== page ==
Let's play I Remember When..... - page 3

I think it would be a good idea and fun for any nurse who has been working for, oh let's say 15+ years, to post a message for the younger and/or less experienced nurses, so they can see where us... Read More

  1. by   MichRn74
    Great choice of topic! Graduated in 1974. remeber all those things posted. Remember cotton swabs with alcohol in a cup instead of swabs, writing out diet and condition sheets every shift,
    actually having time to spend with a dying patient and their family, teaching a diabetic all they need to know in a week instead of a day or two
    actually teaching students instead of being glad they can take some pt care off your hands, hand holding tube feedings, instead of pumps, counting and calculating IV drip rates,instead of setting up an IMED pump.yes I remember clysis well! Some things are better, like actually understanding what lab tests mean, able to make your own judgements without calling the MD (especially in a critical care setting),pleurovacs,pulse oximeters, auto B/P cuffs etc
  2. by   tntrn
    I graduated from an ADN school in 1976, 5 months pregnant with my second child. I worked med-surg until he was born, then 6 weeks later I started working L & D, and have been there since. I remember NEVER wearing gloves for anything, and having some weird sense of accomplishment when up to my elbows in blood after a delivery!

    I also remember when labor patients actually gave a rip about their care instead of choosing a hospital by the "freebies" the hospital offered.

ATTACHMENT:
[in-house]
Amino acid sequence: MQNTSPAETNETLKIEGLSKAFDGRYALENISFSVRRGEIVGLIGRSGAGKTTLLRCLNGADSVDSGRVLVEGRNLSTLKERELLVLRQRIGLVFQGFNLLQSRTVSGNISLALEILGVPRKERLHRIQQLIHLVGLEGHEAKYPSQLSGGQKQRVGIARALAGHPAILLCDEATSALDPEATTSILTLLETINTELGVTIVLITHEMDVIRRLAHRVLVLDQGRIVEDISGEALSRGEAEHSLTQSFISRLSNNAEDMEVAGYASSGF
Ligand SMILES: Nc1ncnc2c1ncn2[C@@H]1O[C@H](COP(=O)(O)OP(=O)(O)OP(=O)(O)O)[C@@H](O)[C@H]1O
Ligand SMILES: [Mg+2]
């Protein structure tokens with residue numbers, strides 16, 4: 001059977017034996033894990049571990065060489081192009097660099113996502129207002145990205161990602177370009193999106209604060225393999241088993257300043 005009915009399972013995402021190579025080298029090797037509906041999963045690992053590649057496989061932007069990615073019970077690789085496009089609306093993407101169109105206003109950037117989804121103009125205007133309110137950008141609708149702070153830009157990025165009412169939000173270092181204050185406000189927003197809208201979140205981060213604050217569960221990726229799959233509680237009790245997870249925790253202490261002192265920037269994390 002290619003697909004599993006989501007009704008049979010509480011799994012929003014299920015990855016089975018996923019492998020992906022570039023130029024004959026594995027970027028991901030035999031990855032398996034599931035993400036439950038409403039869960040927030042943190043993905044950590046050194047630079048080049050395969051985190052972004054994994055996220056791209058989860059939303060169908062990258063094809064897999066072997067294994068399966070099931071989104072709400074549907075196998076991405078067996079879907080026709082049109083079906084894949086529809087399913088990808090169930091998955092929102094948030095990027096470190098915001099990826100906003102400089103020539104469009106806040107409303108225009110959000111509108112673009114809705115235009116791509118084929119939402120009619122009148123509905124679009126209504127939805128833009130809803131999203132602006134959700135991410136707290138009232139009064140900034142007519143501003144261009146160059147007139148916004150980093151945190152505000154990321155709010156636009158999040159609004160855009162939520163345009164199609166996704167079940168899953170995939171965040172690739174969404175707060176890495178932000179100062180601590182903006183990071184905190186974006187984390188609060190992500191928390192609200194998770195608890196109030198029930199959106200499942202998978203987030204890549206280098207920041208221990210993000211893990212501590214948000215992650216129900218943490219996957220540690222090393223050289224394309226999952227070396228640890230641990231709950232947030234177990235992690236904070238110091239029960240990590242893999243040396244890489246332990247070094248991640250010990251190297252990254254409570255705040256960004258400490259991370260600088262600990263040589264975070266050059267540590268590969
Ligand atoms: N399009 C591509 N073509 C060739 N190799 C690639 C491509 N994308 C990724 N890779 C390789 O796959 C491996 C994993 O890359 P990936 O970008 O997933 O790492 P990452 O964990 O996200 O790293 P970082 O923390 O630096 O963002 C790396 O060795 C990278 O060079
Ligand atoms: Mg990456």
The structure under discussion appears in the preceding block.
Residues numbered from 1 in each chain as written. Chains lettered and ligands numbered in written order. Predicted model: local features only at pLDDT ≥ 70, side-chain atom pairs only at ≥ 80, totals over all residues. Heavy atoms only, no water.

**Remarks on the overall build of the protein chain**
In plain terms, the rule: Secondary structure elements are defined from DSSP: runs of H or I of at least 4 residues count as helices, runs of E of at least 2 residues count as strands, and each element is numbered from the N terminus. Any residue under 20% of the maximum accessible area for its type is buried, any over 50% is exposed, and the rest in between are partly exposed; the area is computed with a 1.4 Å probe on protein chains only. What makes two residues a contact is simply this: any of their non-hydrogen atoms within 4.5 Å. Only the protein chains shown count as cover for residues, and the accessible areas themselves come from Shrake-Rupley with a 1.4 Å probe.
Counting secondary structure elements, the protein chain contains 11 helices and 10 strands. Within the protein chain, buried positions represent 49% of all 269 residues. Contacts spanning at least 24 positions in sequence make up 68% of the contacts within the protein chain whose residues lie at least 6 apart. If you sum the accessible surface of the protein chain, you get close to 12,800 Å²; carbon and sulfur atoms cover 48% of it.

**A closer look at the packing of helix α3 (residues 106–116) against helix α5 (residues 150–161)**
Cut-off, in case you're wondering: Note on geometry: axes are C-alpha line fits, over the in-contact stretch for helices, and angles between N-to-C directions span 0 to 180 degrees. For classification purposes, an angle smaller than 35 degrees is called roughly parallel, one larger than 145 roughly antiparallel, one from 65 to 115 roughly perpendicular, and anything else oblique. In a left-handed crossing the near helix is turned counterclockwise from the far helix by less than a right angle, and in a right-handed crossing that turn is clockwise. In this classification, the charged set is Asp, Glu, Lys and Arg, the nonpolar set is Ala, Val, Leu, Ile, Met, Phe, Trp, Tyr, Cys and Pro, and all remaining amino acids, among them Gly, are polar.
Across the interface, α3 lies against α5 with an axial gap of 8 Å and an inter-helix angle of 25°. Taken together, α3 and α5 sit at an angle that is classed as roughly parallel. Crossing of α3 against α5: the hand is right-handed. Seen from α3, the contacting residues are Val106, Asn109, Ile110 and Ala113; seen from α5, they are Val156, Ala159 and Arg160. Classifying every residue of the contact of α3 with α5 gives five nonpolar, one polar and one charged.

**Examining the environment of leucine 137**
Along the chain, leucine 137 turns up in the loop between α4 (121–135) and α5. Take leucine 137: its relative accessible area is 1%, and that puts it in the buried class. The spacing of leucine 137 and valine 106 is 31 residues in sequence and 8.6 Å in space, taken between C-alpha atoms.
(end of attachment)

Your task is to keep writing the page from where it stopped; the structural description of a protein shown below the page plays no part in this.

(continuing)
I also remember having head nurses who were older than I was, had actual bedside experience instead of the one I now have--young with very little nursing experience, no managerial experience, and no inclination to find out what us old broads know.

  3. by   kiwijangle
    I trained in a hospital in New Zealand in the early 70's, and much that has been said I recall. What about walking up one side of the corridor so as not to impede foot-traffic? And standing aside so a more senior person could enter the room first? We bathed the babies between 9 - 10 am, wrapped them and poked them in bundles into pigeon holes on a big trolley. At 10am we pushed the trolley through the maternity ward and handed the babies out for the scheduled feed (30 or so at a time). Our hospital would only employ married house-surgeons, as the only single one they tried (?when) got a theatre nurse pregnant - meaning the end of her career no doubt!
  4. by   JillR
    We also use the stainless steel bed pans and cantor tubes with mercury in them, I can't believe that we are even allowed to use this anymore, it is so unsafe.

    I would live to get my hospital in to the 20th century (at least), it is very frustrating.
  5. by   MollyJ
    Too much fun not to join in on this one...

    I remember when Tagamet came out, the first h2 blocker and it revolutionized ulcer care.